Based on the suggestion of a commenter, we have eliminated the phrase ““clearly and convincingly” and replaced it with the terms “readily” and ““unambiguously” in order to avoid confusion and any suggestion that we intended to incorporate into our practice under paragraph 9(e) other areas of law that may require proof by “clear and convincing” evidence. That said, it would be harmful to the effective and efficient administration of our whistleblower program to broadly waive non-compliance with the TCR-filing requirement for non-meritorious claimants or claimants whose entitlement to an award is not clearly established by the administrative record, and we also believe that doing so would be inconsistent with the congressional directive that individuals “shall” comply with the Commission’s procedures for submitting information.262 In adopting this provision for situations where the record “unambiguously” demonstrates that an individual would otherwise qualify for an award (and the record can “readily” be developed to confirm this without a significant expenditure of staff time and resources to do so), we intend the exception to be available only where a clear case exists that the claimant otherwise merits an award, and the claimant submitted his or her TCR and declaration as required by Rule 21F-9(a) and 9(b) within 30 days of first learning about those requirements.263 That said, the Commission continues to retain its separate discretionary exemptive authorities under Rule 21F-8(a) and Exchange Act Section 36(a) for circumstances that may warrant exemptive relief.264

Finally, we have determined not to adopt the recommendation discussed above from several commenters that the Commission afford an unlimited opportunity for any individual that might otherwise qualify as a meritorious whistleblower to comply with the procedural requirements of Rule 21F-9(a) and (b). That standard would generate additional inefficiencies in the program by requiring the Commission in all cases to develop a comprehensive record detailing whether a claimant was in fact meritorious before deciding whether the claimant should be excused from the filing obligation. This would be particularly burdensome because there may be no clear documentation as to when and with whom on the staff a claimant spoke–or what was conveyed–before filing a TCR and officially becoming a whistleblower potentially eligible for an award. For this reason, we believe that it is appropriate to limit the exception for untimely compliance with Rule 21F-9(a) and (b) to those claimants whom the Commission can readily determine would otherwise clearly qualify as meritorious whistleblowers without a significant expenditure of staff time and resources to do so. In our view, this approach strikes an appropriate balance–ensuring that individuals who would clearly obtain an award but for their untimely compliance will in fact receive an award (provided they comply with the 30-day period in paragraph (e)), while not imposing new and undue burdens on the program to develop comprehensive records in cases involving claimants who would not be clearly entitled to an award (thereby preventing the diversion of staff time and resources from cases involving meritorious whistleblowers who did in fact adhere to the filing requirements of Rule 21F-9).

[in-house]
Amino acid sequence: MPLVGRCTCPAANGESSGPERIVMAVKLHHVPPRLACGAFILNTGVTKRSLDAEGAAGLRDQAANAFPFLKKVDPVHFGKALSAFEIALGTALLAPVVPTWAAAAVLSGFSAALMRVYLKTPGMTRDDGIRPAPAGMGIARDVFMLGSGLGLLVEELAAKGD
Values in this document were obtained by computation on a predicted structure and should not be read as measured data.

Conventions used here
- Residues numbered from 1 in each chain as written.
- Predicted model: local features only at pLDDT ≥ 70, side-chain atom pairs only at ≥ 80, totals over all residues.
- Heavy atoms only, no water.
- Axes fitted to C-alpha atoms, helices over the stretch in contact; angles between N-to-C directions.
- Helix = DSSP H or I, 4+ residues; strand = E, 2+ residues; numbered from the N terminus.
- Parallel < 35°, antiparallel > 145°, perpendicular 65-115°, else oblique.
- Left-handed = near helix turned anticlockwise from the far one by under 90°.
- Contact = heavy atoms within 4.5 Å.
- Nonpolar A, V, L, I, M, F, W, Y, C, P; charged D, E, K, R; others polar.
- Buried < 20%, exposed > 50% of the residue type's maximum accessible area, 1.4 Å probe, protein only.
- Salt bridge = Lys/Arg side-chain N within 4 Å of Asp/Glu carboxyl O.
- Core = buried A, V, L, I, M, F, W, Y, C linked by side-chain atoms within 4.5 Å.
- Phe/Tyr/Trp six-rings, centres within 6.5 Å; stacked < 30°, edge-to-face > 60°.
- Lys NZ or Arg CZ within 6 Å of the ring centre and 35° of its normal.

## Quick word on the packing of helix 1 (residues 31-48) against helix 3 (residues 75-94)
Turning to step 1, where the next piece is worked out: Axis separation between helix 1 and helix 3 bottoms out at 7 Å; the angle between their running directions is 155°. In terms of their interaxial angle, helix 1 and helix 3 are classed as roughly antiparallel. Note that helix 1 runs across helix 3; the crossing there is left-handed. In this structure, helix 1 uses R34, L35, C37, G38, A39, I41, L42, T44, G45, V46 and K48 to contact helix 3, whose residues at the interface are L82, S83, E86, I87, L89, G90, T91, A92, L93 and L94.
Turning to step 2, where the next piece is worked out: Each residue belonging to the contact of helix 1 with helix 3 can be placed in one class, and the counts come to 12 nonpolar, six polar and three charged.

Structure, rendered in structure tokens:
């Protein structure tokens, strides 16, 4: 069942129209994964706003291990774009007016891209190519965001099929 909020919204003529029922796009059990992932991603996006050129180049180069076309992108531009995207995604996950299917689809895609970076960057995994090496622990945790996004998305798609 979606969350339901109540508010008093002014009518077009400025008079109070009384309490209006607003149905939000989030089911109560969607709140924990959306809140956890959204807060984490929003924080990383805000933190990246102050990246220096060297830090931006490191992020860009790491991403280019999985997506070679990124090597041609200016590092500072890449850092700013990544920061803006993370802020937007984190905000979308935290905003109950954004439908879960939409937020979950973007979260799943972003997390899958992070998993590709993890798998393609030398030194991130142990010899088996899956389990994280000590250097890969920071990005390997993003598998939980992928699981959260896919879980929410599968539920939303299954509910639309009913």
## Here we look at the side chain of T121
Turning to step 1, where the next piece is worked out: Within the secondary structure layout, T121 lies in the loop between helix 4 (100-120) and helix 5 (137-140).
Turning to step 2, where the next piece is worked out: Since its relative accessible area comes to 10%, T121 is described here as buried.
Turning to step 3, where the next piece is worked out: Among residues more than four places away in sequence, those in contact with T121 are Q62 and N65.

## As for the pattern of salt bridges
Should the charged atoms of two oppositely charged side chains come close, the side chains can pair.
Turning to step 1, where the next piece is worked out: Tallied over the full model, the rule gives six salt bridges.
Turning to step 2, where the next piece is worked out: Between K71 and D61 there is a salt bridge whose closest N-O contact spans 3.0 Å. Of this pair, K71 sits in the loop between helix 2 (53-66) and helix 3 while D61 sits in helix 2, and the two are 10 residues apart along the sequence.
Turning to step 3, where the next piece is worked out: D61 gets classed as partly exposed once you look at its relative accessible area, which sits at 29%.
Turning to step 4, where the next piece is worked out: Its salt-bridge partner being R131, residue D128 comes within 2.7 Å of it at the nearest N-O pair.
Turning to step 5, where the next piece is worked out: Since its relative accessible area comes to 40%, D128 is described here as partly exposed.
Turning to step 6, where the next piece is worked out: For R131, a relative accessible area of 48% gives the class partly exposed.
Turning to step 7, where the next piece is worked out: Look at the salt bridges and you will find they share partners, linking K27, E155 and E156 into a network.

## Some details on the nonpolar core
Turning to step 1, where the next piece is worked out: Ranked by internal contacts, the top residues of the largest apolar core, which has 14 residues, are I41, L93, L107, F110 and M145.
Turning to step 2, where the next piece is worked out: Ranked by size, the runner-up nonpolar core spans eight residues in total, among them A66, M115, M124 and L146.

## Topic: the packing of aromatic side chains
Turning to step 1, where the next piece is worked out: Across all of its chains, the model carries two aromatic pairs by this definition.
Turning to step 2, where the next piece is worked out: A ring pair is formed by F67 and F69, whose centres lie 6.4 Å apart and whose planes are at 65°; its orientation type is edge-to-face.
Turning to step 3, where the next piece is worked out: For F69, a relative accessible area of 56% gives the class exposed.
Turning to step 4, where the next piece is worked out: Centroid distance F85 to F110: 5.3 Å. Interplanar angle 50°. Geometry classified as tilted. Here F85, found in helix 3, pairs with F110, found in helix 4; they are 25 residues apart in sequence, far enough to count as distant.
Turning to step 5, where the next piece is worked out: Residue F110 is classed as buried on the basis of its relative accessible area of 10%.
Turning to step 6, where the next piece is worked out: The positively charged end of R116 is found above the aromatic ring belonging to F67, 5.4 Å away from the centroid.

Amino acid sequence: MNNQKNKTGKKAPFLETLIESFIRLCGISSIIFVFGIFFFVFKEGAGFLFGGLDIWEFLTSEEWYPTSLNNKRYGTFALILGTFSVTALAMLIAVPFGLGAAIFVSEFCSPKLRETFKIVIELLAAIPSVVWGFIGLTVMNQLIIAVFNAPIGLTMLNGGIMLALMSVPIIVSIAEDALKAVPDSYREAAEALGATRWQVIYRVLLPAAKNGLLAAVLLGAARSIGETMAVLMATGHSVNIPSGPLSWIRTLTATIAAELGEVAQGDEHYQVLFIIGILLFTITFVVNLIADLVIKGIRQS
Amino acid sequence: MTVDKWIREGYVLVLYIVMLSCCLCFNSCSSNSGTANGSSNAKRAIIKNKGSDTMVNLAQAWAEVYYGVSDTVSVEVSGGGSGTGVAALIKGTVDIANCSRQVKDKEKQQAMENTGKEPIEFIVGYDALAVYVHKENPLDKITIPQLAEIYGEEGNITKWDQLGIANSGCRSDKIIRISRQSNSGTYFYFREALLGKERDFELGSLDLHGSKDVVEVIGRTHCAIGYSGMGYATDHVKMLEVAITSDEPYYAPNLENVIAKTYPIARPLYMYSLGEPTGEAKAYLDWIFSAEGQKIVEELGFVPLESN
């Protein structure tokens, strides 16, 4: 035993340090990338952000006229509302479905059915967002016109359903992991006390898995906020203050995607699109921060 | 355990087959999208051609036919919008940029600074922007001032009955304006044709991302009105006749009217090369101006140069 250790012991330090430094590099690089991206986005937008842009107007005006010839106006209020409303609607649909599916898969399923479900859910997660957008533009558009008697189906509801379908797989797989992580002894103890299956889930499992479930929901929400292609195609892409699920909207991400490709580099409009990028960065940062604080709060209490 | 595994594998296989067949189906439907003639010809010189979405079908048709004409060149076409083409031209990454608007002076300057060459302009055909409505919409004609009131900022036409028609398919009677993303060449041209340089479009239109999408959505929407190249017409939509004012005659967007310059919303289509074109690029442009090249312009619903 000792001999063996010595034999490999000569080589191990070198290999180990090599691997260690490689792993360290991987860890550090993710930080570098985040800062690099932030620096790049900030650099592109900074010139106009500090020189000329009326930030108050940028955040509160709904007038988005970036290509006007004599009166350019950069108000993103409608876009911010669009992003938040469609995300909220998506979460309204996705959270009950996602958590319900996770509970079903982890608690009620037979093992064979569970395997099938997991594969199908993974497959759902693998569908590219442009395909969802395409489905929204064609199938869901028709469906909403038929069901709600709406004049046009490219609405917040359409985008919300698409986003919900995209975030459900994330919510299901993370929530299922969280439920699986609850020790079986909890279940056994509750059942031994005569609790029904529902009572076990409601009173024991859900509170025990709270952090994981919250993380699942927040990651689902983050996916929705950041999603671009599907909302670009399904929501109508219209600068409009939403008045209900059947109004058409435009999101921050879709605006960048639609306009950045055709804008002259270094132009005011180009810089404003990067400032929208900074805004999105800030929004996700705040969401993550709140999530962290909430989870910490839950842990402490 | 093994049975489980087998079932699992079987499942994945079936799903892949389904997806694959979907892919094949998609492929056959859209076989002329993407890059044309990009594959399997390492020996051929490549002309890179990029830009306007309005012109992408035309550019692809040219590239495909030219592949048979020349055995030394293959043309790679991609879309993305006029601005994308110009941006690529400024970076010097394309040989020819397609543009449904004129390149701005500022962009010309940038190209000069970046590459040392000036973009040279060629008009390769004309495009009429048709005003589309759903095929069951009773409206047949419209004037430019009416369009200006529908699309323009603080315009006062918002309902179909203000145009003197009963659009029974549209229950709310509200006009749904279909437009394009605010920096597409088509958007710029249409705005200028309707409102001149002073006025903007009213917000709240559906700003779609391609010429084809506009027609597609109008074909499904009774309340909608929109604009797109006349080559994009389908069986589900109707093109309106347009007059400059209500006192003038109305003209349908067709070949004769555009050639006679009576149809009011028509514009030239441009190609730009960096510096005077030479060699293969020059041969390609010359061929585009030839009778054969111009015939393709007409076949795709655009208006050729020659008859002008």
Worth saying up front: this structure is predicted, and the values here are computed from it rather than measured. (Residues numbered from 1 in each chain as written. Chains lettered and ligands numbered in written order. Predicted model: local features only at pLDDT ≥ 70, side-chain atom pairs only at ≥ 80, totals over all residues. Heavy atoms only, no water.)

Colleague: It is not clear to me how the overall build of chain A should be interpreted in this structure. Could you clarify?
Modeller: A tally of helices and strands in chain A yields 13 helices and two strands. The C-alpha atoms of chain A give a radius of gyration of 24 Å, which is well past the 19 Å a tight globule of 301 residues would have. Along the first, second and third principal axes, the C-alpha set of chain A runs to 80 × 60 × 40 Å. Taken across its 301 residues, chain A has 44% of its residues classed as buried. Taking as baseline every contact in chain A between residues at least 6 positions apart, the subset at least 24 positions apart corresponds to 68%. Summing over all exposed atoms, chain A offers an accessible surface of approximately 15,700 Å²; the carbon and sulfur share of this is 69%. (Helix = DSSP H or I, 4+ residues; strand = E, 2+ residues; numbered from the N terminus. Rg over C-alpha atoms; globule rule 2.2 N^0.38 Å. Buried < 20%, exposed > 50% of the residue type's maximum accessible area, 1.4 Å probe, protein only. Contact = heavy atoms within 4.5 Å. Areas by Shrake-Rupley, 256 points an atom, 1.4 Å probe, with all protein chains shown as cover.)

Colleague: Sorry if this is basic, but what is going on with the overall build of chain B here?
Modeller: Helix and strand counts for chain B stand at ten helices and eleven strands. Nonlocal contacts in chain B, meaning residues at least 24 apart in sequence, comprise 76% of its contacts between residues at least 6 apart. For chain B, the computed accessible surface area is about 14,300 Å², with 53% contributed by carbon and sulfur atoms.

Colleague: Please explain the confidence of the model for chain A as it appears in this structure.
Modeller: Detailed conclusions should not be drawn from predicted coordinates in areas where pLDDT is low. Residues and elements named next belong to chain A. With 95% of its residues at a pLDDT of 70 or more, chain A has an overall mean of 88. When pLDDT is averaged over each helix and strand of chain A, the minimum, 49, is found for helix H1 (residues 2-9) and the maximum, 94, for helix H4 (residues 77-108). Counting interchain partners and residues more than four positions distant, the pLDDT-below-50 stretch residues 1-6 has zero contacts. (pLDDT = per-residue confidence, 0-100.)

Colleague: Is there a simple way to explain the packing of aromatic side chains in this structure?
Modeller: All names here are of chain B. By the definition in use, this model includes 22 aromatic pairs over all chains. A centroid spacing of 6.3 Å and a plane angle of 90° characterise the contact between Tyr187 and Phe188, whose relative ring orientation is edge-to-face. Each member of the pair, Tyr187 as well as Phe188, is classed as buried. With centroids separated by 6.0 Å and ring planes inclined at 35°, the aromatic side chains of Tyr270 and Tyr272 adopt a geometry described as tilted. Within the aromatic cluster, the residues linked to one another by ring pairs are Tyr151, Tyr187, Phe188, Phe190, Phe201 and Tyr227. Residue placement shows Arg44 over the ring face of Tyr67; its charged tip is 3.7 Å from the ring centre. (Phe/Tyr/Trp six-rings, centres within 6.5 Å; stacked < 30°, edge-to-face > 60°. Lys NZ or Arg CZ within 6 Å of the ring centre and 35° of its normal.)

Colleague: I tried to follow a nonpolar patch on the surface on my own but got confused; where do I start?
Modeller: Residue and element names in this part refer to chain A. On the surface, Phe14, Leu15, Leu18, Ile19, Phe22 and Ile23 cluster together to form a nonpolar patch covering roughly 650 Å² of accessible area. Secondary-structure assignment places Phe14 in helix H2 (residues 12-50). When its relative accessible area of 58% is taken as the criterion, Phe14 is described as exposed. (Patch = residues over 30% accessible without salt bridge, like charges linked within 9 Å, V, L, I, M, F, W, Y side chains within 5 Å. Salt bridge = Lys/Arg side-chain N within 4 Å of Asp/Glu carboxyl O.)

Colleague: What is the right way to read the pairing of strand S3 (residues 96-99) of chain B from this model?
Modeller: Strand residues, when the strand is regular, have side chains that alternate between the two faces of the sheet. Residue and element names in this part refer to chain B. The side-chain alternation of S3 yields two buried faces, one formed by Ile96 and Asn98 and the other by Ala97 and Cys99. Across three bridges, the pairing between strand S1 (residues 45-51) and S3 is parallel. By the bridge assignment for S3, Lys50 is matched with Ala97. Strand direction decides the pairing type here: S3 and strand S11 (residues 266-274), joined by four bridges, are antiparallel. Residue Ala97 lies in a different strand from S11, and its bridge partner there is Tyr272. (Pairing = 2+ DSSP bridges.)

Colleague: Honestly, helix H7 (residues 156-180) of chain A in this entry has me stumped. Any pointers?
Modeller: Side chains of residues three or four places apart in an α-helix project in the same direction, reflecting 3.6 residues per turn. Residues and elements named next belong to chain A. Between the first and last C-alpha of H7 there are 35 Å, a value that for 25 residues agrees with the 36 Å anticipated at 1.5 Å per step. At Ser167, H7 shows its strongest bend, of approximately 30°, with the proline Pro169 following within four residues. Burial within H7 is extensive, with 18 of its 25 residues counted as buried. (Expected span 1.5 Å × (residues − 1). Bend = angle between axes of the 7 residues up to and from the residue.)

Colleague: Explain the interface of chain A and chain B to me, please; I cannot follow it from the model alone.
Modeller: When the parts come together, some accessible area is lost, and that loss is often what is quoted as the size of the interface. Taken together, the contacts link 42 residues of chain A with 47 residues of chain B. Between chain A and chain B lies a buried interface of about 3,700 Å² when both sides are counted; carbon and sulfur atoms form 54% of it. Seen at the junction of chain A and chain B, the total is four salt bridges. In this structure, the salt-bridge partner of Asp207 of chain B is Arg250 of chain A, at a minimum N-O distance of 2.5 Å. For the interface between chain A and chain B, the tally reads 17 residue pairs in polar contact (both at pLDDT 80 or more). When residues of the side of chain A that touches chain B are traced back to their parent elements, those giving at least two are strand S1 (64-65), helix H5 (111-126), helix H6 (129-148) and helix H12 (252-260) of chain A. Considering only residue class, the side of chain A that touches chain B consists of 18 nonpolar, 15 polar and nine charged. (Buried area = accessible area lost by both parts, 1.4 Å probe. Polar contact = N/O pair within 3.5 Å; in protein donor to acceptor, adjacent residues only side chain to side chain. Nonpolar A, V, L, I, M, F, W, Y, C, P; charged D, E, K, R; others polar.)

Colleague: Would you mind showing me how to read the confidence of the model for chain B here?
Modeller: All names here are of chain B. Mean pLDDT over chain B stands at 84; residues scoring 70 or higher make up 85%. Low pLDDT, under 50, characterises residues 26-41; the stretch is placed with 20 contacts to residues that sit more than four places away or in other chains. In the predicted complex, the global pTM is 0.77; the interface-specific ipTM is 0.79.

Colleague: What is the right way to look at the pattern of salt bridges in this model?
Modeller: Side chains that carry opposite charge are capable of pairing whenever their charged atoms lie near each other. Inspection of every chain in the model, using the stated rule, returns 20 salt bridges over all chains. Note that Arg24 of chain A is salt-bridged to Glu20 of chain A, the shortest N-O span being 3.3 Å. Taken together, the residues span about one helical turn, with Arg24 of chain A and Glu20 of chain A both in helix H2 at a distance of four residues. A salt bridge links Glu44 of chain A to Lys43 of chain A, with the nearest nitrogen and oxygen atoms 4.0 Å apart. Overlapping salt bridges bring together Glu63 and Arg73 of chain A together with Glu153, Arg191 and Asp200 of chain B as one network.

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Best SEC Whistleblower Lawyers & Attorneys

Jason Zuckerman, Principal of Zuckerman Law, litigates whistleblower retaliation, qui tam, wrongful discharge, and other employment-related claims. He is rated 10 out of 10 by Avvo, was recognized by Washingtonian magazine as a “Top Whistleblower Lawyer” in 2015 and selected by his peers to be included in The Best Lawyers in America® and in SuperLawyers.

Matthew Stock is the Director of the Whistleblower Rewards Practice at Zuckerman Law. He represents whistleblowers around the world in SEC, CFTC and IRS whistleblower claims. He is also a Certified Public Accountant, Certified Fraud Examiner and former KPMG external auditor.